"If you defend your client, you can't make independent determinations of whether he's guilty or not guilty," San Diego defense lawyer Marc Carlos said. "Because one of these days we could be wrong."

This obligation is especially important in a death-penalty case, these lawyers argue.

"If they're trying to kill the guy, then they better be able to prove their case in court," Ogul said. "What's the guy supposed to do? Volunteer to be executed?"


Deputy District Attorney Jeff Dusek, the lead prosecutor in the Westerfield case, refused comment on the newspaper story, saying plea negotiations in all criminal cases are confidential.

Westerfield's lead attorney, Steven Feldman, hasn't talked to the media beyond making a short statement shortly after the jury recommended the death penalty Monday. He couldn't be reached late Tuesday.

Feldman is well-respected in the local legal community and has frequently won praise from prosecutors for his dedication to his clients and his skill in defending them.

The newspaper's sources said prosecutors were on the verge of accepting the offer of Westerfield's defense team - a life-without-parole sentence in exchange for information about where to find the body - when volunteers discovered Danielle's remains off Dehesa Road east of El Cajon on Feb. 27.

Prosecutors no longer had any incentive to make a deal and the potential plea bargain collapsed, the sources said. Such negotiations cannot be used as evidence in a trial.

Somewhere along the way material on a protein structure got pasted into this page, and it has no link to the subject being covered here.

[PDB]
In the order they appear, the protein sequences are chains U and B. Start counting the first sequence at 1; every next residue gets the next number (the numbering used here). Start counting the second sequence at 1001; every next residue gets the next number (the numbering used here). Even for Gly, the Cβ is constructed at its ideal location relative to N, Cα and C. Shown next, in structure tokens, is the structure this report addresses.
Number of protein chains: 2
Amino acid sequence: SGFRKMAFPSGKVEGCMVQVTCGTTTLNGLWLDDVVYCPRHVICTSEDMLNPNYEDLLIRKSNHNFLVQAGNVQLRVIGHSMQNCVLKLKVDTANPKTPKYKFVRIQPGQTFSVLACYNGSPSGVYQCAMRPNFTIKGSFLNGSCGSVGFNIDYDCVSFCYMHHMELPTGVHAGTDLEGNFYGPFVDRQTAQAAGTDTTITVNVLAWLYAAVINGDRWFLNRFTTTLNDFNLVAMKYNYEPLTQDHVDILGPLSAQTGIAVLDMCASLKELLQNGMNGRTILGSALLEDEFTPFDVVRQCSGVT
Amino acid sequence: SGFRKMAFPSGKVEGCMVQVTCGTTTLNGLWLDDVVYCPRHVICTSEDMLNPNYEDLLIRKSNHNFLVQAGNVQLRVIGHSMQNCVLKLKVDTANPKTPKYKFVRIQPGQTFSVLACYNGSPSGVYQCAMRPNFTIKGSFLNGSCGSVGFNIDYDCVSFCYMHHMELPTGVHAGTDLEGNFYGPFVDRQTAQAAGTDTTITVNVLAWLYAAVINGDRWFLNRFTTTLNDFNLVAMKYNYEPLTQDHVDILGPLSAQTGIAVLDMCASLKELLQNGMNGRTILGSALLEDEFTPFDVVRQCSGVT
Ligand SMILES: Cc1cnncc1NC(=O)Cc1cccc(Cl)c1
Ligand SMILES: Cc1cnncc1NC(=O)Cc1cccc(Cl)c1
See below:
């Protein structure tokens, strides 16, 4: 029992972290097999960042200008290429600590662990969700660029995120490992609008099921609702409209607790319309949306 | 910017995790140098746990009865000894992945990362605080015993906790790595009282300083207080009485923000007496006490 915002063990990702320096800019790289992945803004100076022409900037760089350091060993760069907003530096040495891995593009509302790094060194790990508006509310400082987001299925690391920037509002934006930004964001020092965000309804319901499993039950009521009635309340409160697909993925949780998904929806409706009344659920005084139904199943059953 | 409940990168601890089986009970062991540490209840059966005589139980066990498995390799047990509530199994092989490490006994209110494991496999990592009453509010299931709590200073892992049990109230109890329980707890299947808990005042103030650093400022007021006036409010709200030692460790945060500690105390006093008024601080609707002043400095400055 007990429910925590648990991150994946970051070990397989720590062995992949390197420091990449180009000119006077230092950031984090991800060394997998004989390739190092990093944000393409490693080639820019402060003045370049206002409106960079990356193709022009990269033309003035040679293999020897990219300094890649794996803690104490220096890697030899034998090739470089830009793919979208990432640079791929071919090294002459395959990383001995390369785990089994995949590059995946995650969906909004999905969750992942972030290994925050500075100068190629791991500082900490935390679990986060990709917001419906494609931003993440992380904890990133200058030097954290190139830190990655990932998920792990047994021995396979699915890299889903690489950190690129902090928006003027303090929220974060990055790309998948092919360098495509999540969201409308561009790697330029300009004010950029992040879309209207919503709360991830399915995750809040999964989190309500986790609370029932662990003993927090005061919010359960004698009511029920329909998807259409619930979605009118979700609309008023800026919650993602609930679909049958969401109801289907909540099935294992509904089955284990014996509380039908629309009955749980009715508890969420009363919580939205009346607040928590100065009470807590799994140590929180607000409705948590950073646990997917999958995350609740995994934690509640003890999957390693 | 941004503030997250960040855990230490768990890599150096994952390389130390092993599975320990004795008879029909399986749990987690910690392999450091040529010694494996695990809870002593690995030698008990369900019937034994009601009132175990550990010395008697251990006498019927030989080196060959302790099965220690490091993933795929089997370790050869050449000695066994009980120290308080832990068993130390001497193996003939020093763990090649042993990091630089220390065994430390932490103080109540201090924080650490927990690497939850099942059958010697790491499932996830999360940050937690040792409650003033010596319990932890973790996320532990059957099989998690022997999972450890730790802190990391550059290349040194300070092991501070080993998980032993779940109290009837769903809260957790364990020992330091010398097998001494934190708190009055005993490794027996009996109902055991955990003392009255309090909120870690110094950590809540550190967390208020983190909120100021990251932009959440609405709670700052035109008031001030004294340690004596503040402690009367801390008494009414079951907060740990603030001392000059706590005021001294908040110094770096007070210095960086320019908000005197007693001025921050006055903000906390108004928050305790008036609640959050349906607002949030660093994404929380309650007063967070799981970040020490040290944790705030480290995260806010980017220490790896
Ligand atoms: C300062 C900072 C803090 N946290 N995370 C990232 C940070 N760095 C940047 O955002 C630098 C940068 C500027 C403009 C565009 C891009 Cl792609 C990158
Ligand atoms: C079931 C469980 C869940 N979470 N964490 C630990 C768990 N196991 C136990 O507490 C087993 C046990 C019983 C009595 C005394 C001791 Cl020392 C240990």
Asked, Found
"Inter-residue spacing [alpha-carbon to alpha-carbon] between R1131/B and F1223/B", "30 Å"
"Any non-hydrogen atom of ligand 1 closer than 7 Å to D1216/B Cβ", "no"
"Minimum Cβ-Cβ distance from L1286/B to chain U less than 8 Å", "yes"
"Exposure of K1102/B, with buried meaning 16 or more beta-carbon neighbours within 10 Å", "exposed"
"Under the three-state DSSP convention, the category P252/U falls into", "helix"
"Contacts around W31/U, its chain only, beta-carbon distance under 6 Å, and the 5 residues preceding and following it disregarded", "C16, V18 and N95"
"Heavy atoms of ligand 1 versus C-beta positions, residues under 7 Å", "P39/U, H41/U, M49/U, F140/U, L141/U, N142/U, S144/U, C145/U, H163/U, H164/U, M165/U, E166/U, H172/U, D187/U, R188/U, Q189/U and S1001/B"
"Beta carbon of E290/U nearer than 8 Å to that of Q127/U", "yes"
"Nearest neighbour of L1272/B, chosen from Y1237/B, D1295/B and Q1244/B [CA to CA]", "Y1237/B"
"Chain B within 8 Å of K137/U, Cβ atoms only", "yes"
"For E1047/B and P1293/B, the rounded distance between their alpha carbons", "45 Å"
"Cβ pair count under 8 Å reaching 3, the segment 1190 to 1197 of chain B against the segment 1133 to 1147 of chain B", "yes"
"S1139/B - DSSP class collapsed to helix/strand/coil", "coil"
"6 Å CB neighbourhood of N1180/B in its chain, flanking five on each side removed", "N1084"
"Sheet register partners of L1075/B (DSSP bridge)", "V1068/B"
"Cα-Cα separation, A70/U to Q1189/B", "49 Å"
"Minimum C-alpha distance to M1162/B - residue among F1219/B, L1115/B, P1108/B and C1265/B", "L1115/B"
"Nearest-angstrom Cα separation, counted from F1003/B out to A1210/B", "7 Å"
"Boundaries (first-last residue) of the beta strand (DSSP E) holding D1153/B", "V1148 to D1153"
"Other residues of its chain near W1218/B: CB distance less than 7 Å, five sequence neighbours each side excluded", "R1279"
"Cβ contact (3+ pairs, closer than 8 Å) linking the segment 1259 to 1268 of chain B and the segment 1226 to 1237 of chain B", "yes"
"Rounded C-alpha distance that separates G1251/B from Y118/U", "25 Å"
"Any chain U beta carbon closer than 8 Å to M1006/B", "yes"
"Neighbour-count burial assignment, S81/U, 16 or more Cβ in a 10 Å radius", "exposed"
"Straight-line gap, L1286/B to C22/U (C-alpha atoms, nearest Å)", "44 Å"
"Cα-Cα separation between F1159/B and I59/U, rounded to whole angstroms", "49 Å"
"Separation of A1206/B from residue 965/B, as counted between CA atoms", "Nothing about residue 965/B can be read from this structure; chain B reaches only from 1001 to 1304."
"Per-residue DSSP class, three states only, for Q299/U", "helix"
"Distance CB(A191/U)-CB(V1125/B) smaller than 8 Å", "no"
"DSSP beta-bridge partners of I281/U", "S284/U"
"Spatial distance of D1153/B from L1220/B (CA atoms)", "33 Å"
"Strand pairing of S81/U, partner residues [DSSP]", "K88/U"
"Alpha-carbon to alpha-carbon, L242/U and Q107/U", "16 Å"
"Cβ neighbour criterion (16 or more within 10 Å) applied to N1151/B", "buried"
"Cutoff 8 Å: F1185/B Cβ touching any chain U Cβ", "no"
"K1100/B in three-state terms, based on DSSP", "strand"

Legal experts said Westerfield's defense team was acting ethically on behalf of their client in an attempt to spare him the death penalty a jury eventually recommended.

There are ethical limits to what a criminal defense lawyer can do on behalf of a client. California State Bar guidelines forbid lawyers from knowingly letting a client lie on the witness stand.

If the client insists on testifying anyway, the defense lawyer has an obligation to tell the judge in private that the client will be testifying over the objection of his counsel, according to San Diego defense attorney Gerald Blank.

But preventing a client from lying on the witness stand is entirely different from telling a jury the client is not guilty of the crime, Blank said.

In the opinion of Blank and other defense attorneys, asserting that the client is not guilty is different from asserting innocence.

"Innocent" means the client didn't do it. "Not guilty" means the state doesn't have the evidence to prove the case beyond a reasonable doubt, Blank said. Jurors return guilty or not-guilty verdicts. In rare cases a judge will make a finding that a defendant is innocent.

"The entire framework of the United States and California constitutions is that no one goes to prison unless the government's got proof beyond a reasonable doubt that the person committed the crime," he said. "That's the bulwark of our freedom."


Throughout the Westerfield trial, Feldman and co-counsel Robert Boyce avoided the word "innocent." Instead, they aggressively challenged every prosecution theory, every prosecution witness, offering any number of possible alternative explanations for the evidence along the way.

Feldman told the jury that scientific testimony from bug experts would prove it was "impossible" for his client to have dumped Danielle's body. He told the jury no trace of Westerfield was found anywhere in the van Dams' house.

"We have doubts," Feldman said in his opening statements of the trial. "We have doubts as to the cause of death. We have doubts as to the identity of Danielle van Dam's killer. We have doubts as to who left her where she resided, where she remained. And we have doubts as to who took her."

Three months later, the jury returned a verdict reflecting its belief that those doubts were not reasonable.